Ages ago I dabbled in making music. How long ago was it? Well, I was making tunes for the Doom 2 mods I was building. So, sometime around the mid-90’s. While writing this post I searched around and found that my mods are still out there in the wild, still being played. Here is someone playing through one of my levels with the music cranked.
That is a pretty good demonstration of my musical approach at the time: Find a few notes that sound barely tolerable together, then loop that arrangement to the limits of human endurance. Seems ghastly now, but I remember thinking it was awesome.
I never really understood music or music theory. My music-making was purely brute force. The software I was using at the time (Cakewalk) let you build MIDI music a note at a time. This is ideal if you can’t play an instrument and don’t know what you’re doing. Just shove the little notes up or down until you find something that doesn’t sound dissonant. Didn’t understand chords. Had no idea how different keys worked. I had no idea what the sharps and flats were for. (They always sounded dissonant, so I stuck to the “white keys”. I suppose this means all my stuff was technically in C major?)
Recently I got the urge to try my hand at making music again. I have no idea why. I have important projects that need doing. But in a mad impulse I bought myself MAGIX Music Maker 2014 Premium on Steam. It wasn’t even on sale.
I’ve hammered out a couple of tunes. Here is probably the most complete effort:
On Soundcloud I said this was my “first effort”. Technically it’s my first full-length piece of music in 20 years. (I made a shorter tune on Saturday.) But you get the idea.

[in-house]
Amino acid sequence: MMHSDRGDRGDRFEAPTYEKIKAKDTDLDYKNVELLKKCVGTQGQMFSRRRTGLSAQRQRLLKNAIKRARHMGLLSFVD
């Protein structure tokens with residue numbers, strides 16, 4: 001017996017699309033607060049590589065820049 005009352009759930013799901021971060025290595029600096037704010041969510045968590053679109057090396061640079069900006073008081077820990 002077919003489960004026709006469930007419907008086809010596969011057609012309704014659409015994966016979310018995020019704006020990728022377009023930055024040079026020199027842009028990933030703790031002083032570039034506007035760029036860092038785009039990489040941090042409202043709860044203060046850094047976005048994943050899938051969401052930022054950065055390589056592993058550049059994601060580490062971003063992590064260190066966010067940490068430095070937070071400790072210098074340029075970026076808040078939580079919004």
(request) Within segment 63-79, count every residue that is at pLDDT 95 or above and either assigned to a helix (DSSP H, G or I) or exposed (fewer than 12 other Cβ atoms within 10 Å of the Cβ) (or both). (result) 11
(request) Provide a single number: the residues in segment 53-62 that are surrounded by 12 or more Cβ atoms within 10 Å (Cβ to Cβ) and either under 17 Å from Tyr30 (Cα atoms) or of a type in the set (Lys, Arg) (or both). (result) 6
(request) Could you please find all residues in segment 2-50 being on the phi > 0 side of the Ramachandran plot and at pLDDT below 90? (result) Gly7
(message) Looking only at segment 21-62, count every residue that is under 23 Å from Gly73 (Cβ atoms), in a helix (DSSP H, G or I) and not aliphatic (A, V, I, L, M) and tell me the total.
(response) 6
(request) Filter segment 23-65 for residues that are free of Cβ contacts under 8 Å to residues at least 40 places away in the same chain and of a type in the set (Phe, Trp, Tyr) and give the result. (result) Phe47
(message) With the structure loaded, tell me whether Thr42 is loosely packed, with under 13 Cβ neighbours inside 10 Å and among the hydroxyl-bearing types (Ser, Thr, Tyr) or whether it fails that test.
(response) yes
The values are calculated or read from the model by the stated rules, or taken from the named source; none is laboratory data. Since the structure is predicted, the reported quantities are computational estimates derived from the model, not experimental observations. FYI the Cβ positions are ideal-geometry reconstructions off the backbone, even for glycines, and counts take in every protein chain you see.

If you’ve never used a program like this, here is how it works:
You make a sequenceThe nomenclature is all over the place here. You can call them “sequences” or “arrangements”. Music Maker calls them “objects”. Whatever. Boxes with notes in them. of notes by drawing on this grid. You adjust the pitch and length of notes by moving the little rectangles around and re-sizing them. Above are the chords that repeat throughout the song I linked. If you actually know what you’re doing, you can just play the notes you want on your MIDI instrument of choice. And if you’re completely clueless, you can skip arranging notes and just use the hundreds of pre-fab sequences that come with the software. You really can make a half-decent song by just throwing crap togetherAll you need to do is make sure your sequences are all in the same key, which the program helpfully lists for you.. And if you’re both clueless and lazy, you can use the automated song maker tool, which will let you specify a genre and it will gather a bunch of samples and combine them for you. (I tried it a couple of times. It’s not as good as something made by a real musician, but it’s surprisingly serviceable and roughly equivalent to what I can accomplish. Which, now that I think about it, is kind of embarassing.)
You could put an entire song into a single sequence, but that’s like working in photoshop and putting everything in the same layer. Your goal is to make these little groups of notes that can be dragged around, copy and pasted, looped, etc. You can then take an arrangement and put it on one of your tracks. Maybe one track is a saxophone, and another is a keyboard, and another is a guitar. Drag-and-drop your box of notes from the guitar track to the sax track, and it will play those same notes but with a different instrument.
See? Easy peasy.
In case you’re curious: I made all the sequences myself, but I used a couple of pre-fab drum loops and some vocal samples. (I find mapping out drums to be kind of tedious.) The green, orange, and purple boxes are pre-fab, and the rest is stuff I mapped out by hand.
It’s a fun activity, and it’s amazing how far you can go with just rudimentary knowledge. It’s a shame the software itself is kind of annoying in a lot of trivial ways.